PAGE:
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Comments: Week of August 20, 2018

1. New York dedicated 27 pages in its most recent issue to a look back at the 2008 financial crisis and how it continues to shape the world we live in (“2008,” August 6–19). Alexandria Ocasio-Cortez, the socialist candidate poised to become the youngest woman elected to the U.S. House, shared the feature, writing, “The 2008 crisis represented one of the largest wealth transfers in American history … It’s time for a 21st-century New Deal.” And the Intercept’s Glenn Greenwald added, “If I had presided over all of this, or had spent the last three decades cheering the policies that caused it, I would also want everyone to spend all their time thinking obsessively about Putin and Moscow instead of who and what is responsible for this.” The inclusion of an interview with Steve Bannon incensed some readers, including Sammi Katz, who wrote, “The man is an openly anti-Semitic, misogynistic bigot who has no place sharing his twisted, despicable thoughts in your publication.” For more on the aftershocks of 2008, including extended interviews with Barney Frank, Bannon, and Yves Smith, visit

2. More than 9/11, Frank Rich argues, the Great Recession shattered our national psyche (“America Stopped Believing in the American Dream,” August 6–19). The actor Peter Egan wrote that Rich’s article “clarified to me how the dream turned into a nightmare not only in America but throughout the world. Fantastic article.” And Randi Weingarten, president of the American Federation of Teachers, responded, “Too many Americans have not felt the recovery.” Regarding where the blame lies, Steven Fazzari, a Washington University economist, responded, “The article, correctly in my view, points out the failure of Obama administration initiatives, such as the Jeffrey Immelt–led ‘jobs council,’ to address profound insecurity many Americans feel in the aftermath of the crisis, insecurity that ‘added to the national disgust with elites’ and a loss of belief in the American Dream. This analysis raises the question of why the elite response failed. It is not primarily ‘moral abdication,’ as suggested by Rich. Rather, it was a failure of the mainstream neoliberal understanding of free-market capitalism; the elites simply did not know what to do.”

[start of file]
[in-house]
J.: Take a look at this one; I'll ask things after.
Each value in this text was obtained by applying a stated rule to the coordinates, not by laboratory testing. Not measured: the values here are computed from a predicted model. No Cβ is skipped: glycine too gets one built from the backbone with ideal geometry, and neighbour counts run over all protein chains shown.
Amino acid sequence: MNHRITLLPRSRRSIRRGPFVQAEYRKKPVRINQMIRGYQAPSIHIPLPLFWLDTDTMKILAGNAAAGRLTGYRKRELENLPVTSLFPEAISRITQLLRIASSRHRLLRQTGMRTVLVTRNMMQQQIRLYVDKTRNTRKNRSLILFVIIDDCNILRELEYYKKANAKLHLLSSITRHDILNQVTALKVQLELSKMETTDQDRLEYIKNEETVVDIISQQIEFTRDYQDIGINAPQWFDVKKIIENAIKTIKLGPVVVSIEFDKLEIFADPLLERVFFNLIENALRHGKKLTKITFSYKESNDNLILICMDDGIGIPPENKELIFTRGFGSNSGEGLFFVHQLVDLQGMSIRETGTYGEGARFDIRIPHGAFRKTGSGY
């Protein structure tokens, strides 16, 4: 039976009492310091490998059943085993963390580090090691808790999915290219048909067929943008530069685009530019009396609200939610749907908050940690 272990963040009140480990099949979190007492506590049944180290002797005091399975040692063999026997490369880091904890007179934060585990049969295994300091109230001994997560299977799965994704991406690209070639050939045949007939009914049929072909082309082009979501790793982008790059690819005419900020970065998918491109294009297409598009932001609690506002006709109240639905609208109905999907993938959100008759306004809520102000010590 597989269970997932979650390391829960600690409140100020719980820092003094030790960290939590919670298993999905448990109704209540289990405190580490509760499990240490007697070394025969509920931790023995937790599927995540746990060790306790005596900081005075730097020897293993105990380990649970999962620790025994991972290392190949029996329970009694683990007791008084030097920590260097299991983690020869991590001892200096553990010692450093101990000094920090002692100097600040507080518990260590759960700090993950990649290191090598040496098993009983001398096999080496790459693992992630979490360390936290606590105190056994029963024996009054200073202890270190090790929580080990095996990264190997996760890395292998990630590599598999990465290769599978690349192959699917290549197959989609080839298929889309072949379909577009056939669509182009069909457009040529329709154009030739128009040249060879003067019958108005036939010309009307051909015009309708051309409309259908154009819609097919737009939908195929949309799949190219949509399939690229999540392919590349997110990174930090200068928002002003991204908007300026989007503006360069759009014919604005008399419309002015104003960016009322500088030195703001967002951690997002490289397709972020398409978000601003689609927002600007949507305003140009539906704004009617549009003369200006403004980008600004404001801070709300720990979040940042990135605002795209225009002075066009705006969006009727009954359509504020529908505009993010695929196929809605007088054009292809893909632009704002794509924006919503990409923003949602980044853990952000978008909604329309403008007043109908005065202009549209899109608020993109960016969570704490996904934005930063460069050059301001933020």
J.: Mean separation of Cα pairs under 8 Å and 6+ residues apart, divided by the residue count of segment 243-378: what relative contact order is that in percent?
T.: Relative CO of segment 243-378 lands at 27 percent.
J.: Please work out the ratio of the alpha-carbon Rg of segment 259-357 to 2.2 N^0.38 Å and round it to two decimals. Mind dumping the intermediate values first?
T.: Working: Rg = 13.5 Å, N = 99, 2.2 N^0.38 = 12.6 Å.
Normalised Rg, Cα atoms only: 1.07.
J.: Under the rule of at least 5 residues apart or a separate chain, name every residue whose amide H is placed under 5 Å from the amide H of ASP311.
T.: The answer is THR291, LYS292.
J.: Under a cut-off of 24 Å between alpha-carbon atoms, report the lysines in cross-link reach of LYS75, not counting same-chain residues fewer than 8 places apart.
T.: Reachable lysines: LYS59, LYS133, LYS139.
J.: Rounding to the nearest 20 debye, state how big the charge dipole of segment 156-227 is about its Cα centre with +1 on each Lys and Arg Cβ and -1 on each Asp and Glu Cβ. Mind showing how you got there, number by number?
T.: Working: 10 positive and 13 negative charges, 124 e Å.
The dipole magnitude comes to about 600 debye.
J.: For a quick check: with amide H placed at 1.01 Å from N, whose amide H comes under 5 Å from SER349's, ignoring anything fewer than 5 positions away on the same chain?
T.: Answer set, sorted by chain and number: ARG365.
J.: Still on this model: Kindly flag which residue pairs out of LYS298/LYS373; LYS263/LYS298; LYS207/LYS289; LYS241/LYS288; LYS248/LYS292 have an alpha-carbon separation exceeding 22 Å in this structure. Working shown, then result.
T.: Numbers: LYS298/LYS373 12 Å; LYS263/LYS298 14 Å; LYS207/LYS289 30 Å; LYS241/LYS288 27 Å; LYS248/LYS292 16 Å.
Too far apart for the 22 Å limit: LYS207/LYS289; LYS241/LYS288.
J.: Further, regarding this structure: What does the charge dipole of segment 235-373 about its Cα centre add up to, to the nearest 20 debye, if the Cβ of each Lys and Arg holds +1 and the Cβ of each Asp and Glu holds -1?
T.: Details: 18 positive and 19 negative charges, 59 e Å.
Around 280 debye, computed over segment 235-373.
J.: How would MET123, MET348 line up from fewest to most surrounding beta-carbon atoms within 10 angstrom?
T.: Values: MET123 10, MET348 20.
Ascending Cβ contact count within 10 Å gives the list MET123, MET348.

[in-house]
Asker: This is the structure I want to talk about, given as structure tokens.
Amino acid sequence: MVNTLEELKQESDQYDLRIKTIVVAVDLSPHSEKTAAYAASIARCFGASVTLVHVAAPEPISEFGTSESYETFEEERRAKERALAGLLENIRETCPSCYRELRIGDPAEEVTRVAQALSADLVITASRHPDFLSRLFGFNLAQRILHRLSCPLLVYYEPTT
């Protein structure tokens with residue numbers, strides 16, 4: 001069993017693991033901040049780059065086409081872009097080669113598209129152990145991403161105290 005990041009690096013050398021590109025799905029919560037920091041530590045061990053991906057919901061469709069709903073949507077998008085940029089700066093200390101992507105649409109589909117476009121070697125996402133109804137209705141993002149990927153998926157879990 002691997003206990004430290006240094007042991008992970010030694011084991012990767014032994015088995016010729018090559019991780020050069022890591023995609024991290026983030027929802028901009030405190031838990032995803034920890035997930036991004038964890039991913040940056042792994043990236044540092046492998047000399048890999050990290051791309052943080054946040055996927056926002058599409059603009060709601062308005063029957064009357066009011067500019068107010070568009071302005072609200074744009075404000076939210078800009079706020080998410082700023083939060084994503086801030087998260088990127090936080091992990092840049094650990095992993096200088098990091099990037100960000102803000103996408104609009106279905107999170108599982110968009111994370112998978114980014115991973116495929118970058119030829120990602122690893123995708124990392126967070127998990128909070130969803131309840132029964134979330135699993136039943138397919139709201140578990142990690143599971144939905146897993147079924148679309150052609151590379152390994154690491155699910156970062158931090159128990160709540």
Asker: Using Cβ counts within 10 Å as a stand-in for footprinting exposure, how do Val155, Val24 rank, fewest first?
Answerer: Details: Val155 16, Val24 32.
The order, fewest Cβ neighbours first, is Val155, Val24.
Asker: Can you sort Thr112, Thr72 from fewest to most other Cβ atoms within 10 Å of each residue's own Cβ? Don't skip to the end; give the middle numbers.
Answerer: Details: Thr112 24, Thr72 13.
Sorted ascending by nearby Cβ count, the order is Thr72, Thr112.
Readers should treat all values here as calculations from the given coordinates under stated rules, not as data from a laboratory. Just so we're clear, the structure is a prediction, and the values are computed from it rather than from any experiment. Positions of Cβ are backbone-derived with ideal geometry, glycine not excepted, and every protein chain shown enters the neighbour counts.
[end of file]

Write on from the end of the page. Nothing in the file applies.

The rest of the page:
3.  “In the wake of capitalism’s crisis … it was only a matter of time before the left reacted in turn by embracing its own vision of an egalitarian future,” Andrew Sullivan writes, and across the Atlantic Jeremy Corbyn is the leader of that revolution (“Jeremy Corbyn, 1970s Revanchist, Is Suddenly the Face of the New New Left,” August 6–19). Peter Dorey, professor of British politics at Cardiff University, responded, “It is testimony to how far rightwards British politics has moved in recent years that some renationalisation of privatised industries, slightly higher taxes on the rich, the restoration of free university education, and clamping down on tax avoidance should be deemed semi-Marxist and quasi-communist. In many other European countries, these policies would be classified as mainstream democratic socialism or, perhaps, social democracy.” And NYU’s David Forgacs, a scholar of British Marxism, wrote, “I was both intrigued and irritated to read Andrew Sullivan’s article about Jeremy Corbyn and Britain’s ‘new new left.’ Sullivan dismisses Corbyn’s socialism as outdated, finds his worldview ‘perverse, his collectivism anathema, and his allies sinister’ and his economic policies ‘disastrous.’ So when Sullivan appears to draw lessons for America’s Democrats, it is clear he does not really endorse these policies. What he wants, as his final sentence reveals, is for a radicalized Democratic Party to mobilize enough disgruntled voters to save liberal democracy from the far right. In other words, socialist voting for a conservative outcome.” Jeffrey J. Anderson of Georgetown University’s School of Foreign Service pointed to the trouble with drawing comparisons between the U.S. and England: “Corbyn represents a return to socialism in the United Kingdom, and Sullivan points to parallels in the United States with the rise of democratic socialists like Ocasio-Cortez. But it’s less clear to me whether a similar triumph of the new new left is possible in the United States. Take the complex problem of structure and scale. Unlike Labour, there are no commanding heights of the Democratic Party — instead, the left insurgency is playing out in a fragmented, decentralized, and regionally idiosyncratic organizational landscape. So however long the odds that Jeremy Corbyn’s brand of democratic socialism overcame, they are much, much longer here in these United States.”